Review: Sanu John Varughese’s ‘Aarkkariyam’, with Biju Menon, Parvathy Thiruvothu, Sharaf U Dheen

Posted on April 13, 2021


Spoilers ahead…

“Aarkkariyam” stars Parvathy Thiruvothu, Biju Menon and Sharaf U Dheen, and has been directed by Sanu John
Varghese. Now, the film is a mystery, you could even call it a murder mystery, but it is actually more about the mystery that people are. Like, it’s about the mystery that makes a woman fall for a man who’s blatantly unsuitable for her. It’s about the mystery that makes this man good to some people and bad to other people. It’s the mystery about this man being described as a god-fearing person and yet doing some really bad things. It’s about the mystery that makes a woman who grew up without a mother keep her daughter in a hostel that’s far away even though she knows that her daughter is going through the exact same thing that this woman did; which was growing up without a mother. And, finally it’s about the acts of god which are the most mysterious of all.

Now, God is a big presence in this movie which begins in Mumbai, in a very posh flat occupied by the Parvathy Tiruvothu and Sharaf U Dheen characters, their names are Roy and Shirley, they are married to each other, they are each other’s second spouses. In the very first scene, we see that Roy is in trouble. He’s looking at his computer screen, he’s blank, he has got a consignment that is stuck in the dock that’s not coming out and he knows that he has to pay a bribe, so there is that tension in him. It’s late at night and he remarks, how wonderfully, how soundly his wife is sleeping and that is because of her faith in God. This wife inherits this faith from the Biju Menon character, her father, for whom everything is an act of God. Now Roy is trying to be that way, he says “You should not worry about things that are beyond your control.” But that consignment is stuck and he needs to get it out.

Now this itself could be the story about how a business guy is stuck with a really taxing problem and how that’s affecting his family, that is, his wife and his step-daughter who’s far away in that hostel. But another act of God, in the form of Covid, strikes and they find out they have to take this long car journey from Mumbai to Kerala to be with Shirley’s father — and this is where this beautiful film really takes off. Usually films accelerate, they establish character, plot points, actions, events and then use these to drive forward. What happens here, is that, the film decelerates, that’s the best thing about the film because we feel like we are locked down with these characters. We feel like we are in that big Kerala house with them, those big luscious gardens behind the house and we feel that the lack of events that these characters are feeling, where very simple things are happening every day on a routine basis. They eat, they do trivial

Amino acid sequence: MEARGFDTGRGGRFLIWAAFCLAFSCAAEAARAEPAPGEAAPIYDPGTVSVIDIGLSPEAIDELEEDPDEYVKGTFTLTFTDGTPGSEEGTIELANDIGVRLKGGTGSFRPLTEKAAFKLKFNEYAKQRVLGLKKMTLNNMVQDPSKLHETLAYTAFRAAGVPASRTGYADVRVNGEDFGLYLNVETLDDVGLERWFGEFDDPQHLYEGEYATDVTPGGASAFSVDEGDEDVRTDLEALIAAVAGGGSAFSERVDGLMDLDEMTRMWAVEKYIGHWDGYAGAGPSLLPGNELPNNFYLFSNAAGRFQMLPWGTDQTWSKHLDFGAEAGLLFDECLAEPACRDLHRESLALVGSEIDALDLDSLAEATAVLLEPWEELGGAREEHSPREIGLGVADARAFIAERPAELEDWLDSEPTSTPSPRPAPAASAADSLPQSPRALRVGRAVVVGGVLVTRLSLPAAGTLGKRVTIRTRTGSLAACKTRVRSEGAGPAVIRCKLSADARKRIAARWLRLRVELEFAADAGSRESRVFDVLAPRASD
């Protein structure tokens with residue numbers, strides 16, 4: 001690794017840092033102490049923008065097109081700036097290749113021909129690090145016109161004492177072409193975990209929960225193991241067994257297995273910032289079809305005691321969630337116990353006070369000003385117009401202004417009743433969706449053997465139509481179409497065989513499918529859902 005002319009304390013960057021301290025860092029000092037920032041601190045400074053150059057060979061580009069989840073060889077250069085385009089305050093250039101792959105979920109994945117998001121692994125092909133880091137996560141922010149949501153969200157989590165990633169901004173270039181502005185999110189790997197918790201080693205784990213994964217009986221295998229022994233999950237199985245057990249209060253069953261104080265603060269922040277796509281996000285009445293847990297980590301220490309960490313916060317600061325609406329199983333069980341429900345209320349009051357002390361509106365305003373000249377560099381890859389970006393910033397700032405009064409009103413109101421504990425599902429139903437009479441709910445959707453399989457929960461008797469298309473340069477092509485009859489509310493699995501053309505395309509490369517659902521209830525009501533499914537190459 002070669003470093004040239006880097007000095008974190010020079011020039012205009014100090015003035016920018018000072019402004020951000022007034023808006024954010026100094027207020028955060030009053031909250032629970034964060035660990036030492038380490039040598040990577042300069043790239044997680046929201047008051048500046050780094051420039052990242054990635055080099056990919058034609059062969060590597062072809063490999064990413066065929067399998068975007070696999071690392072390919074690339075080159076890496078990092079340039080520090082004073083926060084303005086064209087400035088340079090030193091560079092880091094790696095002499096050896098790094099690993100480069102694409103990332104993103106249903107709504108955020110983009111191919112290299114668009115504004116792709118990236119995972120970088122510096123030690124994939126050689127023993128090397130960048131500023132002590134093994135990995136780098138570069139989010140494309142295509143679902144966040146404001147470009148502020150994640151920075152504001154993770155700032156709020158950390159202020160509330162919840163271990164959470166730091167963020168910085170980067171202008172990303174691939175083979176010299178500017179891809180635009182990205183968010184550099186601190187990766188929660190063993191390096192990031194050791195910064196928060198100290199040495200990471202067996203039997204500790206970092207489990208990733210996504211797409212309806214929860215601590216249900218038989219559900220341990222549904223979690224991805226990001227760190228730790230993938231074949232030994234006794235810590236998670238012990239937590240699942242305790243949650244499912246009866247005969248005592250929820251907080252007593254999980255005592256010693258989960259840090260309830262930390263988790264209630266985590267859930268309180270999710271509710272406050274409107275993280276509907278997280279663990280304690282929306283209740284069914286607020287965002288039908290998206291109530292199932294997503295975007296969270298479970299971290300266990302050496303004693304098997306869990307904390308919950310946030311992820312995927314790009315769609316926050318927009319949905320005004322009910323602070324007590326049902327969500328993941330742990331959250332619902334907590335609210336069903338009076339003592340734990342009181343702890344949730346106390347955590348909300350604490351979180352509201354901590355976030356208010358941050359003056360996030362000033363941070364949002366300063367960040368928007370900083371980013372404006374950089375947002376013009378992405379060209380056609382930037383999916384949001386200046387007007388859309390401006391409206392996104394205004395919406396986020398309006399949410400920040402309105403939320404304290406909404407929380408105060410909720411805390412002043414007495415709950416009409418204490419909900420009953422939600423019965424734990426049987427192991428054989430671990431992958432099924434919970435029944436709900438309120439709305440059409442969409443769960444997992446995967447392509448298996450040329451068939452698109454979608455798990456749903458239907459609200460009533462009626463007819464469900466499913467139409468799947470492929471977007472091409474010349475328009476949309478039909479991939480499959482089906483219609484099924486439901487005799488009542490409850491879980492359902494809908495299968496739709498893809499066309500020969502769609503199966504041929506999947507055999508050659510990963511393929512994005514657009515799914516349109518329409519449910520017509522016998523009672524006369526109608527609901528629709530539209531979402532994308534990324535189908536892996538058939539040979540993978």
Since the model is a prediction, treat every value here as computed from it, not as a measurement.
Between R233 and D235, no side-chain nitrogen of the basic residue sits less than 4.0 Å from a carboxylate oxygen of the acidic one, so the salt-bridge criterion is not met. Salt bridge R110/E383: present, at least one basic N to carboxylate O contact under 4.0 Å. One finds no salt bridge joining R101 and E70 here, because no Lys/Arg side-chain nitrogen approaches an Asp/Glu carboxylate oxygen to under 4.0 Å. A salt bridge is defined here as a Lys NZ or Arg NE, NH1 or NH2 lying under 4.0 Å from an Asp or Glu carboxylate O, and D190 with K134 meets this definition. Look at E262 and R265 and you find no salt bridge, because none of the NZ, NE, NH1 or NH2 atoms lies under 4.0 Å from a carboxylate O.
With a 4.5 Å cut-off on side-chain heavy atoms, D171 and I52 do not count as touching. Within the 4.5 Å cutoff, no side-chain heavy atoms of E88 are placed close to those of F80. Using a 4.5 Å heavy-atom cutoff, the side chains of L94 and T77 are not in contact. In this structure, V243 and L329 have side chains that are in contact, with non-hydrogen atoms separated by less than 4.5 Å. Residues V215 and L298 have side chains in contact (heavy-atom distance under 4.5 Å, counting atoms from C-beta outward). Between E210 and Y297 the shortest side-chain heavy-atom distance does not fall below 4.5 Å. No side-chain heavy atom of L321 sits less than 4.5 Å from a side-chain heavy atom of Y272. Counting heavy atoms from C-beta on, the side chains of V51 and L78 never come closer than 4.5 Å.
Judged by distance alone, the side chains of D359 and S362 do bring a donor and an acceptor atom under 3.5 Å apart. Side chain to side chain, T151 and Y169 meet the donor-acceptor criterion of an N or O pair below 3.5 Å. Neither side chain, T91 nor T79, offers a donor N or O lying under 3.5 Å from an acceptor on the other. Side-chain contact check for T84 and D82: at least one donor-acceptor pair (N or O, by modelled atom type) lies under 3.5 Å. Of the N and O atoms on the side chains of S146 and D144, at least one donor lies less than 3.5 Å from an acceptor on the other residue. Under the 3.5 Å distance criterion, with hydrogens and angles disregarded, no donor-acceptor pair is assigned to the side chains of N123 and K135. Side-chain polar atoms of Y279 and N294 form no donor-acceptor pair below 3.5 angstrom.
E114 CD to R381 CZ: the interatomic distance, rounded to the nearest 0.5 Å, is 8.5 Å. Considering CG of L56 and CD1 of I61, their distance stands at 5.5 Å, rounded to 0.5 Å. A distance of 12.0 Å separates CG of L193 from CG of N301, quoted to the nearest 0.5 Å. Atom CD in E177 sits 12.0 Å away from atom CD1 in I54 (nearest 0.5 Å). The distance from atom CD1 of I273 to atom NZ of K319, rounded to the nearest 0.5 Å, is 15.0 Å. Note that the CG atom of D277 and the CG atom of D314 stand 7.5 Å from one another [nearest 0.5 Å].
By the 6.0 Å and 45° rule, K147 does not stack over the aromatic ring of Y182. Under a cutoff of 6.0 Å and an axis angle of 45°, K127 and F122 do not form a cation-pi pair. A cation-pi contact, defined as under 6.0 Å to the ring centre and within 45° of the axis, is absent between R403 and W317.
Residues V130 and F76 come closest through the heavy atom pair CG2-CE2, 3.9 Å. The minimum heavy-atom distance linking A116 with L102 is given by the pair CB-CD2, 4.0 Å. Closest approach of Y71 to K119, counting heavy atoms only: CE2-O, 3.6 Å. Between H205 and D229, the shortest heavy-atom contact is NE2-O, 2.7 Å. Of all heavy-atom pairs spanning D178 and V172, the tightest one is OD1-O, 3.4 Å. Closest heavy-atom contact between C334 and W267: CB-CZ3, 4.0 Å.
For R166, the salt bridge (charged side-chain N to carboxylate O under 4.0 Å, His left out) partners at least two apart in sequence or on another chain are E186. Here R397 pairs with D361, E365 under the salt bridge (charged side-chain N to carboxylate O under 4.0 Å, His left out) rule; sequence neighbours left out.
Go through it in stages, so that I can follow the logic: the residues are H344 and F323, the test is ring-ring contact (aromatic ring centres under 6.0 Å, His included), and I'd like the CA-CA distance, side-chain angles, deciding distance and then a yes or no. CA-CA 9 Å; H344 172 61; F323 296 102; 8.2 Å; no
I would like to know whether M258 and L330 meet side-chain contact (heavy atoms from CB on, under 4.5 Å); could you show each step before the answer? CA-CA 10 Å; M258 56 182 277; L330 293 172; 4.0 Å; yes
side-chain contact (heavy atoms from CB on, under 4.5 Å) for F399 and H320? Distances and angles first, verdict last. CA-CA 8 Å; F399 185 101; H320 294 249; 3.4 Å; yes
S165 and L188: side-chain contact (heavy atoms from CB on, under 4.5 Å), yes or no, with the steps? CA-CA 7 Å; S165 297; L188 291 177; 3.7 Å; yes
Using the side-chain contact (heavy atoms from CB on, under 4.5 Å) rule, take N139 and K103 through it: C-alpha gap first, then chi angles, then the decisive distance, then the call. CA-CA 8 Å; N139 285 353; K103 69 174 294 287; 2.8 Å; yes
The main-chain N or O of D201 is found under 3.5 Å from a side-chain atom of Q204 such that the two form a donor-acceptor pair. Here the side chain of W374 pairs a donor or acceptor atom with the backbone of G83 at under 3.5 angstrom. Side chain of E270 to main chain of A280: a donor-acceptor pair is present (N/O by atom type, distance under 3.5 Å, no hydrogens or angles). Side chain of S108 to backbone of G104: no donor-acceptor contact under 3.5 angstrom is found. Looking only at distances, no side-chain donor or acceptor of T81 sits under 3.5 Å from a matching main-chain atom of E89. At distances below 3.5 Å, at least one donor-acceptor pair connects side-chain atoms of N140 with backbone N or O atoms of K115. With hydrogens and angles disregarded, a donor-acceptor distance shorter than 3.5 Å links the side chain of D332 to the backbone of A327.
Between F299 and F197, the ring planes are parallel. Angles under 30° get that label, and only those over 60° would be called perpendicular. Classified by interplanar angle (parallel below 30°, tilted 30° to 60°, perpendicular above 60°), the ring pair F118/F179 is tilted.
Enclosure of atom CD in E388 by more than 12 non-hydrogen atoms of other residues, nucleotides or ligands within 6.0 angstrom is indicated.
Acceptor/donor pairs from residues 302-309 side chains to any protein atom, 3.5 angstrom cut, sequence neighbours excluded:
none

things and make small talk. The extremely simple things that we experienced in lockdown, we are encountering them confronting the same things.

Now apart from the director, Aarkkariyam is made by stupendous contributors. One is the editor Mahesh Narayanan, who takes his deliberate pace to define the movie. The second is the composer Sanjay Divecha who uses an acoustic guitar to define the background sound of the film. You know how the acoustic guitar is like a gentle folk instrument, so it really kind of plays down a lot of what is happening even though what’s on screen may be ultra-dramatic. The background score never explodes even when in our minds the events are quite explosive. The result of this score, direction and music is that the film feels utterly organic and completely un-cinematic, it feels like we are naturally in a lockdown state which is an unnatural state, of course, where anything can happen because it was certainly unexpected and therefore nothing is special enough to be overemphasized.